2005-06 Public Lecture Series: #6 of 6
James Murphy, Dartmouth
April 4, 2006: A Catholic Perspective on Work"

2005-06 Public Lecture Series #1 of 6
“The Catholic Vision”
Carol Zaleski, Smith College
The Two Benedicts and the Renewal of Catholic Culture”
September 20, 2005
2007-2008 Lecture Series #2
Mark C. Murphy, Georgetown University
God and Nature in Natural Law
November 14, 2007, 5:00 p.m.
University of Virginia,Monroe Hall 110
2006-2007 Lecture Series #1
Columba Stewart, OSB, St. John's Abbey, Collegeville, Minnesota
Living a Simple Life
September 27, 2006
5pm, Clark Hall Room 107
University of Virginia
2007-2008 Lecture Series #1
Mother Mary Assumpta Long, OP, Dominican Sisters of Mary, Mother of the Eucharist
The Eucharist: Source and Summit of the Christian Life
September 26, 2007, 5:00 p.m.
University of Virginia,Monroe Hall 110

Duncan Stroik, Notre Dame School of Architecture
November 12, 2002
"Beauty, Goodness, and Truth: What  is the Future of Sacred Architecture"

2006-2007 Lecture Series #4
Francis Cardinal George
Catholicism in Post-Protestant America
March 22, 2007
5:00pm, Minor Hall 125
University of Virginia

2006-2007 Lecture Series #3
John Cavadini
Augustine's City of God and Political Realism
February 20, 2007
5:00pm, MacLeod 2014
University of Virginia

2006-2007 Lecture Series #2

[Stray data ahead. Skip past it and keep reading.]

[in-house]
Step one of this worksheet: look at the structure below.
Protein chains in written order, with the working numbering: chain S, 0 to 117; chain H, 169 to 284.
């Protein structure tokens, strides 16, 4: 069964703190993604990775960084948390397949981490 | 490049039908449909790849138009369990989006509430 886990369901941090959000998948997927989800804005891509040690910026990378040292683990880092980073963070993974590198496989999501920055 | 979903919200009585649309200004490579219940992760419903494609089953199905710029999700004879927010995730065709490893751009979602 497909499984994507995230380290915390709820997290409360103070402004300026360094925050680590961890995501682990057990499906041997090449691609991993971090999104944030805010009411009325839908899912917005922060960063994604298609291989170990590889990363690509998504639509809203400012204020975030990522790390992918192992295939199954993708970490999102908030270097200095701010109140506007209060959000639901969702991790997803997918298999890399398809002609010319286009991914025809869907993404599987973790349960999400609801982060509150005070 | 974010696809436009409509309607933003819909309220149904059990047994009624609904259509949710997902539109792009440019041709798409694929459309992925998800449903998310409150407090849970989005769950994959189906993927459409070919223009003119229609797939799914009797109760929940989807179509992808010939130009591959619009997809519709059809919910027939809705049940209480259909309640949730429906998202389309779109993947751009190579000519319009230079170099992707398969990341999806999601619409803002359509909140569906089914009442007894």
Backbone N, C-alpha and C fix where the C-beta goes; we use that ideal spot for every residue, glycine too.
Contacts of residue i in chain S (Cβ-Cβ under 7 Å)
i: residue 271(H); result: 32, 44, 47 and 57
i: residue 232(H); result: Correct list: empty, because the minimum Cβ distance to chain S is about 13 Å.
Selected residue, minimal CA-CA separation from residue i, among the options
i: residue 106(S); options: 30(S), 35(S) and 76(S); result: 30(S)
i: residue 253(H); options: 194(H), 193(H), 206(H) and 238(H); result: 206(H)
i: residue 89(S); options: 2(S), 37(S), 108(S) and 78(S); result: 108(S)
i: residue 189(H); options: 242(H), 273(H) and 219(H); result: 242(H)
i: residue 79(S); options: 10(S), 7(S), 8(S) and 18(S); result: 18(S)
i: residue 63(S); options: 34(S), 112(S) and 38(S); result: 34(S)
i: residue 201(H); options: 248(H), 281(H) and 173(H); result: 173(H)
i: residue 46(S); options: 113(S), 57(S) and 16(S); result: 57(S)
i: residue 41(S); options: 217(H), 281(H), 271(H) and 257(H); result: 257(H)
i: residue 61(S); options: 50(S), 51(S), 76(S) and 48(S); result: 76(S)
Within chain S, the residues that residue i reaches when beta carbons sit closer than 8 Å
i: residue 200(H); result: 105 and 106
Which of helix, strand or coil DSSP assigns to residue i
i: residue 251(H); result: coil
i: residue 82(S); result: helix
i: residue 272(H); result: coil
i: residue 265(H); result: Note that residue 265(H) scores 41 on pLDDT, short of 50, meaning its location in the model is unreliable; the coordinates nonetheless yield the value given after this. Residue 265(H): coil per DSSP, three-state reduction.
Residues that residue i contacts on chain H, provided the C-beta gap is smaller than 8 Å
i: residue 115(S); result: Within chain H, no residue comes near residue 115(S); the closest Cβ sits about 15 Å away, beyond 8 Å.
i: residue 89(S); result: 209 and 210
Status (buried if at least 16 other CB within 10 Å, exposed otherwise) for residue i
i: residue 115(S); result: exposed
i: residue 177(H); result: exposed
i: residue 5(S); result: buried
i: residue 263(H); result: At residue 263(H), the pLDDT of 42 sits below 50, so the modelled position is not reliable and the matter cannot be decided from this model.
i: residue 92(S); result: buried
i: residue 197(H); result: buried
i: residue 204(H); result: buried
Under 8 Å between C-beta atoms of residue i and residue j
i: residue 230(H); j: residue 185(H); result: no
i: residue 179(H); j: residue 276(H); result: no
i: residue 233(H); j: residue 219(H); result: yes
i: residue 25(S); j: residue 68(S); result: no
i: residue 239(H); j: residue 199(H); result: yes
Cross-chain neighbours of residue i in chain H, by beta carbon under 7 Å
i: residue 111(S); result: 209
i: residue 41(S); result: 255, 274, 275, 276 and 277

Gary Anderson, University of Notre Dame
The Blessed Virgin Mary and the Matriarchs of Israel
November 16, 2006
5pm, Minor Hall 125
University of Virginia

Gregory Wolfe, editor of Image: A Journal of the Arts and Religion
Ever Ancient, Ever New: Contemporary Catholic Visual Artists

March 17, 2003, 5:30 p.m., Room 158, Campbell Hall, University of Virginia

On St. Patrick’s Day,
Gregory Wolfe, editor of the fine arts review Image, delivered a lecture on contemporary American Catholic visual arts at the School of Architecture. The lecture "Ever Ancient, Ever New" provided a survey of American contemporary painters whose work is overtly inspired by their Catholic faith. Some of the artists discussed by Wolfe are very close to such contemporary movements as abstract expressionism and the recent recovery of realism. This is the case of the late William Congdon, an "action painter" of the same generation as Jackson Pollock, who later emigrated to Italy, becoming part of the lay movement "Communion and Liberation" and making Christian themes central to his paintings. As Wolfe pointed out, Congdon's work retained the character of abstract expressionism, conscious of its medium, while at the same time incorporating a Christian sense of spirituality, redemption, and transcendence. On the opposite end of the abstraction-realism spectrum, but exhibiting the same Catholic sensibility is Melissa Weinman. Working within a hyperrealist outlook, Weinman reinterprets traditional Christian iconography by placing it in a modern context. A haunting image of St. Agatha, dressed in contemporary clothing, barely showing traces of blood on her blouse, and holding forth a plate with her breast on it, resonates with an array of contemporary social and moral concerns, while also suggesting the longstanding Catholic doctrine that in suffering, one becomes open to receiving grace. Collectively, the painters Wolfe introduced to his audience provide clear evidence of the capacity of American Catholic visual arts to fully engage contemporary aesthetic sensibilities and issues, while remaining firmly anchored in the tradition. Mr. Wolfe's lecture provided a lively end to this year's Institute series devoted to “Catholicism and the Arts.”
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